Top Ten Tuesday | I asked my teacher, what should I try?


Top Ten Tuesday is a weekly feature hosted at That Artsy Reader Girl. Each week you compile a list of ten books which coincide with that week’s theme. You can find everything you need to know about joining in here!

This week’s theme is a back to school/learning freebie, so I decided to go with books that I’d want to discuss with students if I were an English teacher!


Agnes Grey by Anne Brontë: I got to read Jane Eyre and bits of Wuthering Heights while I was at school, but we never read any of Anne’s work and she’s my favourite Brontë. I love her honest depiction of being a governess in Agnes Grey, as well as the way she explores animal rights and how friendship between women can cross class boundaries because, whether highborn or low, women are still second class citizens in the Victorian era.

Lies We Tell Ourselves by Robin Talley: A novel that explores homosexuality, racism and who deserves an education all at once, I think this would be a great book to discuss with students close to Sarah and Linda’s age.

To Kill a Mockingbird by Harper Lee: This one is a classic for a reason and it’s also wonderfully written. I didn’t study this one in school – for American Literature we read Steinbeck’s Of Mice and Men, which I also enjoyed – but I understand why so many students do, it’s such a brilliant introduction to getting students to think about racism.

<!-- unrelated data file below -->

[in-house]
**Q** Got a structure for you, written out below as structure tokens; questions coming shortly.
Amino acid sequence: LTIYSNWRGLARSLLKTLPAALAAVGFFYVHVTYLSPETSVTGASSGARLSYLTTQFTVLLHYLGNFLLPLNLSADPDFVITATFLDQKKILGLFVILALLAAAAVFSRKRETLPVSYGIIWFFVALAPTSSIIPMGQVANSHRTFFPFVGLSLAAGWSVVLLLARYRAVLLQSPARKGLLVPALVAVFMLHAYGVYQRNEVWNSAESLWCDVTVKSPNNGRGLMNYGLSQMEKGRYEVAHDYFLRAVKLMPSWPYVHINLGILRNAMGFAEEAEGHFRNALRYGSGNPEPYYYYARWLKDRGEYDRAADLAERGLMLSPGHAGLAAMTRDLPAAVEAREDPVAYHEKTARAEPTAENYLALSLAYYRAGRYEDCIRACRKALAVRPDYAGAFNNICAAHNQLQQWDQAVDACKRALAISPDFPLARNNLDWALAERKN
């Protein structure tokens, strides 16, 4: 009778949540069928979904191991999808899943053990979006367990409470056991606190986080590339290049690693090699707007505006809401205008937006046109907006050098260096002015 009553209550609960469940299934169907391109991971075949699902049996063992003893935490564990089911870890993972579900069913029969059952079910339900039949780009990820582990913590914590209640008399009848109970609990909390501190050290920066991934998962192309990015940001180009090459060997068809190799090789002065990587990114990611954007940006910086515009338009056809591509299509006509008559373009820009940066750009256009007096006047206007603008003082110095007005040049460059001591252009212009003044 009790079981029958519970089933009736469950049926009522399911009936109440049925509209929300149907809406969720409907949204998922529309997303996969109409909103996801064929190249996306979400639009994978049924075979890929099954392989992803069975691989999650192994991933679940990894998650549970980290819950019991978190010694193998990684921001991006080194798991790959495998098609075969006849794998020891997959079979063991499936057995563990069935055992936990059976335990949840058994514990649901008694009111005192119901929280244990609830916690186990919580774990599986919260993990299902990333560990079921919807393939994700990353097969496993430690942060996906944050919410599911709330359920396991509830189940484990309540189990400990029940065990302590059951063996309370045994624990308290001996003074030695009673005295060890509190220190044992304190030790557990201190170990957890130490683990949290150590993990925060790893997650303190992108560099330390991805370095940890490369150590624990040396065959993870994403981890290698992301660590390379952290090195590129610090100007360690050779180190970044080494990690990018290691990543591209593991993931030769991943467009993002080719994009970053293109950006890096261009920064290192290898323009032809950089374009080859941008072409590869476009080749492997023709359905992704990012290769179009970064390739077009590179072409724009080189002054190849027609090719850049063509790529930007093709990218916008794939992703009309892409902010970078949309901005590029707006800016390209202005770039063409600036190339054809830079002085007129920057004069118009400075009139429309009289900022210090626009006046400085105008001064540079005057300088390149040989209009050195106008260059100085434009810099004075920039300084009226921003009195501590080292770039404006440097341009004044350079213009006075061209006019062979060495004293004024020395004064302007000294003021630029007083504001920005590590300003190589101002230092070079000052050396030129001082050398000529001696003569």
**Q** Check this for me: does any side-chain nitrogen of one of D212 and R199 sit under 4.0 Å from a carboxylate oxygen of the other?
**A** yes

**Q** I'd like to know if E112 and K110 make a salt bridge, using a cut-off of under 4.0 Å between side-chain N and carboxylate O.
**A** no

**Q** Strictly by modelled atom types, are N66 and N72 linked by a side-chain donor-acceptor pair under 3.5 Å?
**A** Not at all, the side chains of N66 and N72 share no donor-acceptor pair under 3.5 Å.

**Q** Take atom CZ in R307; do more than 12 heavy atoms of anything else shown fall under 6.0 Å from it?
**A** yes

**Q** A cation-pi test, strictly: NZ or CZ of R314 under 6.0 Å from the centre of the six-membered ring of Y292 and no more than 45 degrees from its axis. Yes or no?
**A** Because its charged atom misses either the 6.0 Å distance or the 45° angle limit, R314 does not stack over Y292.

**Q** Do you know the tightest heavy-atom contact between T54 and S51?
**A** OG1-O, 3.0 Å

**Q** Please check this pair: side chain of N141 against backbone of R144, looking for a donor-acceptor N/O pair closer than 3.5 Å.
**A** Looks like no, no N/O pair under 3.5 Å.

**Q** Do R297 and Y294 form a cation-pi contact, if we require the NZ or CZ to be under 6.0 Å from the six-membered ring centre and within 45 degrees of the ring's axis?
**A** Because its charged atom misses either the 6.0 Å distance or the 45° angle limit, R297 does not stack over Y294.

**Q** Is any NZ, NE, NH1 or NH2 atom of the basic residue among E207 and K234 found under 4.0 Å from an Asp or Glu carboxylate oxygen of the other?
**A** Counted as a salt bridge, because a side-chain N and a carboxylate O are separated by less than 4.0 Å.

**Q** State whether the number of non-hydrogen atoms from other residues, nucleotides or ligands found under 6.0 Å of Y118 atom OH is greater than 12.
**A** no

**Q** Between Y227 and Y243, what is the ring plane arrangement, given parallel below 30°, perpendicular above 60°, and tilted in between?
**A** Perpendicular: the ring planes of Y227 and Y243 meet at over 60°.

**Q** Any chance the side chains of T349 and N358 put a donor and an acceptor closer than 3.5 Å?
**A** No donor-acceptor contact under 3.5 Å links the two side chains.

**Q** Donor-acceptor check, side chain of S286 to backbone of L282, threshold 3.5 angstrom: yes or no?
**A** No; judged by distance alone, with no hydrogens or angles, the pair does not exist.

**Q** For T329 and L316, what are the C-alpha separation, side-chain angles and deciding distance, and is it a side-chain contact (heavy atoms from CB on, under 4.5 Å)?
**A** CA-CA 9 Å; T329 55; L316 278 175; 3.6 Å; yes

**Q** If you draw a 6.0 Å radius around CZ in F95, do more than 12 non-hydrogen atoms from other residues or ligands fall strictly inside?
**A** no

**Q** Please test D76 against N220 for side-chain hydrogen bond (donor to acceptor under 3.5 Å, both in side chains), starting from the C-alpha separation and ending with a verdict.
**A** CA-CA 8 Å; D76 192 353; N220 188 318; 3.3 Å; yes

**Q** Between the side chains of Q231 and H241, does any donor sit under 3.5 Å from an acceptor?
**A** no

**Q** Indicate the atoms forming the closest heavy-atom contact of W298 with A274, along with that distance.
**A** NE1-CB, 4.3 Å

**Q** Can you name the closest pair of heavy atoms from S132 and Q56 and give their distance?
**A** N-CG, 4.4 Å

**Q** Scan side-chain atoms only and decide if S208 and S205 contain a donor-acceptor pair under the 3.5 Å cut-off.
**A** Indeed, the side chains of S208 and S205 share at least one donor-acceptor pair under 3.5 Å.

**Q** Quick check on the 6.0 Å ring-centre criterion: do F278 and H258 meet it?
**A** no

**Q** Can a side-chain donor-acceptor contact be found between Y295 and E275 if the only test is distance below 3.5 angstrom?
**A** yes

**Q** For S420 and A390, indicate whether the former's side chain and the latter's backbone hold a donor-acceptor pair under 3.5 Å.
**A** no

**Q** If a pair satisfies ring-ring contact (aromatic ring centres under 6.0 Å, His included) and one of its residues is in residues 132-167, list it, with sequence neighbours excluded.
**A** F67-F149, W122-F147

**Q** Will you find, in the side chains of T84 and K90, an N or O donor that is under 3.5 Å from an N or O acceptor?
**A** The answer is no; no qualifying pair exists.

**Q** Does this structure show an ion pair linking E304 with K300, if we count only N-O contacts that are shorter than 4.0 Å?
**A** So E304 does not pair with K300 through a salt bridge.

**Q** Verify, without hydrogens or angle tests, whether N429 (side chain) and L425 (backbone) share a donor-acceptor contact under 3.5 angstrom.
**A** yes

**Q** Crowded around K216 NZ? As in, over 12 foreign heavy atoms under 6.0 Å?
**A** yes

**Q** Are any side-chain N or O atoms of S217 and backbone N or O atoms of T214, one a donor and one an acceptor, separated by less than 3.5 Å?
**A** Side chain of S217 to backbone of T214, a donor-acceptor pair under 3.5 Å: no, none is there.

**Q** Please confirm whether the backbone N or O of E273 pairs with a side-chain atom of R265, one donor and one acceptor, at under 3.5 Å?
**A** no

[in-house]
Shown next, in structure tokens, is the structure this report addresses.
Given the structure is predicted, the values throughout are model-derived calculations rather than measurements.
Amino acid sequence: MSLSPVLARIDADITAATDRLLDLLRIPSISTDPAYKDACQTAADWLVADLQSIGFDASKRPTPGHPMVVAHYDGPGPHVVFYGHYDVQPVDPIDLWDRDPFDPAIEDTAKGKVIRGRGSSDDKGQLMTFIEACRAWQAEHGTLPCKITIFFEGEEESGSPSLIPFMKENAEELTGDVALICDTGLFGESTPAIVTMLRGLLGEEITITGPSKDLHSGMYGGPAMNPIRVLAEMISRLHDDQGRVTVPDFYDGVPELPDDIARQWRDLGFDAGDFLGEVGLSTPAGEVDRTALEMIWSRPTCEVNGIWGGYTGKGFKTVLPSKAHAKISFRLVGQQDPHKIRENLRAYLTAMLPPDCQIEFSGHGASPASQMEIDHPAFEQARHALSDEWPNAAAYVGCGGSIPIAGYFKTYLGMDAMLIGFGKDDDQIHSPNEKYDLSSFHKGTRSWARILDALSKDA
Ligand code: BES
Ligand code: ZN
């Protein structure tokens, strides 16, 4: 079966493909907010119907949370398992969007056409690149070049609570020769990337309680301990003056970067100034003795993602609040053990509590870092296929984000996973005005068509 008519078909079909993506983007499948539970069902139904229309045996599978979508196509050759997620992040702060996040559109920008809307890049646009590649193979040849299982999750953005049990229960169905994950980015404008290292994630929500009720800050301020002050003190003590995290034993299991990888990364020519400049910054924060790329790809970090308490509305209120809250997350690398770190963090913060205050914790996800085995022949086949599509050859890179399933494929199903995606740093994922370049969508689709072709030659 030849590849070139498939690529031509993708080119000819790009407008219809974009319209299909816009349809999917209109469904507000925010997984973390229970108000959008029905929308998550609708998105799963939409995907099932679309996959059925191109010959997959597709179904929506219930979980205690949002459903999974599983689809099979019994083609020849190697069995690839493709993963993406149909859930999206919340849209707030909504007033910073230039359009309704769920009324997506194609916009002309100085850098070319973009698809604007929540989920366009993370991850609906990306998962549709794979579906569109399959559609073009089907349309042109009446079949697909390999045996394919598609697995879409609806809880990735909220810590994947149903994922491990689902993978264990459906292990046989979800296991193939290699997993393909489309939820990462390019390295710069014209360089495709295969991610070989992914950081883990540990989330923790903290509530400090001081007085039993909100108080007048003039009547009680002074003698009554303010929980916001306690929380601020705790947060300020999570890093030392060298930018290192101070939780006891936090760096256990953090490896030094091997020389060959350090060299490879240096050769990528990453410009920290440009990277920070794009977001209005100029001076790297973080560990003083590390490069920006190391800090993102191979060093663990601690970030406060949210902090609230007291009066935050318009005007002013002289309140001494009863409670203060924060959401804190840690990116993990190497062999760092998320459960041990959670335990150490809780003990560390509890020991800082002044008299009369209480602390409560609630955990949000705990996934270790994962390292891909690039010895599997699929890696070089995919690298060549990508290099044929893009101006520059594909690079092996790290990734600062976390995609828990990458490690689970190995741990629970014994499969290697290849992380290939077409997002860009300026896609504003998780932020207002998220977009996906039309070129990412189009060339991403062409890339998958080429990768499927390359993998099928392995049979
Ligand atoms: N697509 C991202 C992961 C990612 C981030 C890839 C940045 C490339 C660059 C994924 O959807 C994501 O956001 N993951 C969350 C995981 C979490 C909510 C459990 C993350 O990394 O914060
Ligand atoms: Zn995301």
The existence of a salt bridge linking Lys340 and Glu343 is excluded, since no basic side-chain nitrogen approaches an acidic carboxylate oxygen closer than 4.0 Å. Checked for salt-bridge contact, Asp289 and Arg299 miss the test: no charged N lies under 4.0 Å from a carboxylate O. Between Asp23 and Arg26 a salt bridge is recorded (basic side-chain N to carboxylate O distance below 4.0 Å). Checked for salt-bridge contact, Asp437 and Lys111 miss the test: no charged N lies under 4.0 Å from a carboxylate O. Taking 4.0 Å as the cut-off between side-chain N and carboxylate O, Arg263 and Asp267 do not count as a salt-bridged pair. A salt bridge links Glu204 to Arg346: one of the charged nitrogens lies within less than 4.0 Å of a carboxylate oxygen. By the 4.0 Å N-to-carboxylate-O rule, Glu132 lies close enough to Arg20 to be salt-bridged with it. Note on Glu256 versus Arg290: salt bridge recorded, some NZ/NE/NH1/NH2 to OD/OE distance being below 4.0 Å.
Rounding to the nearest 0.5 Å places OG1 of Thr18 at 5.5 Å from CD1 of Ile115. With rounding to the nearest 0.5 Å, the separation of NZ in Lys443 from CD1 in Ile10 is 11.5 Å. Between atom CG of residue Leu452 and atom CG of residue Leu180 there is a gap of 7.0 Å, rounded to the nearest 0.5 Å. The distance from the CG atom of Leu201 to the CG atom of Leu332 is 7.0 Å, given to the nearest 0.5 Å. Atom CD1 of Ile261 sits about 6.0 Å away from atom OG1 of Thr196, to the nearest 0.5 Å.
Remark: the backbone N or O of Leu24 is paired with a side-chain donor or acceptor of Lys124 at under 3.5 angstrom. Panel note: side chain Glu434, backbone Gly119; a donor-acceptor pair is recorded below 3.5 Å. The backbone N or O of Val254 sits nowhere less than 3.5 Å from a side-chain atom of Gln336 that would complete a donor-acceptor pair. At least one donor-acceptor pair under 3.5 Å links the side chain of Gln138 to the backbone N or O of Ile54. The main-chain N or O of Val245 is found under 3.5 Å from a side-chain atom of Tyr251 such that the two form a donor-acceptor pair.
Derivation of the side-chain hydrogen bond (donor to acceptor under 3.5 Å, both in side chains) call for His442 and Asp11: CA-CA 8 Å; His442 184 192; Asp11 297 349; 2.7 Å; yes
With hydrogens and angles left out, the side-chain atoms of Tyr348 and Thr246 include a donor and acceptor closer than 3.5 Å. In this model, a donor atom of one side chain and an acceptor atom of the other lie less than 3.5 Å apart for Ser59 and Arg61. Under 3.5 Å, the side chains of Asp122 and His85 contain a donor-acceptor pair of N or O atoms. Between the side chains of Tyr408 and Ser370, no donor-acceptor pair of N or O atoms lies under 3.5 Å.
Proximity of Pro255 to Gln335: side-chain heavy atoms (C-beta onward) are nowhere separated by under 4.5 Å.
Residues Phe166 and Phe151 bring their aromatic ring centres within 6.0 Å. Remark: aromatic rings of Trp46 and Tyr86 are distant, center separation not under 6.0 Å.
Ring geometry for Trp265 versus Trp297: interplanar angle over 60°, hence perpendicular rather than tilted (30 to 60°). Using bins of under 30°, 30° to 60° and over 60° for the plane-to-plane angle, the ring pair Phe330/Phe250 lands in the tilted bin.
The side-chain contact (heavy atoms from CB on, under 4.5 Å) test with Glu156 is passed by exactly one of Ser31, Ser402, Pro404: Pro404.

Carmilla by J. Sheridan Le Fanu: When we think of classic vampire novels we often think of Dracula, but 25 years before the Count washed up on the shores of Whitby this little novella was published. Not only is its status as an inspirational precursor to Dracula clear upon reading it, but it’s also a fantastically eerie homoerotic story, and considering how many classics students are expected to read I think it’s only fair to give them some shorter ones, too.

Noughts & Crosses by Malorie Blackman: This is the first book that ever made me sob and it still holds a very special place in my heart. This is also the first book that made me really think about racism and I think it’s another one that could make for some brilliant discussions.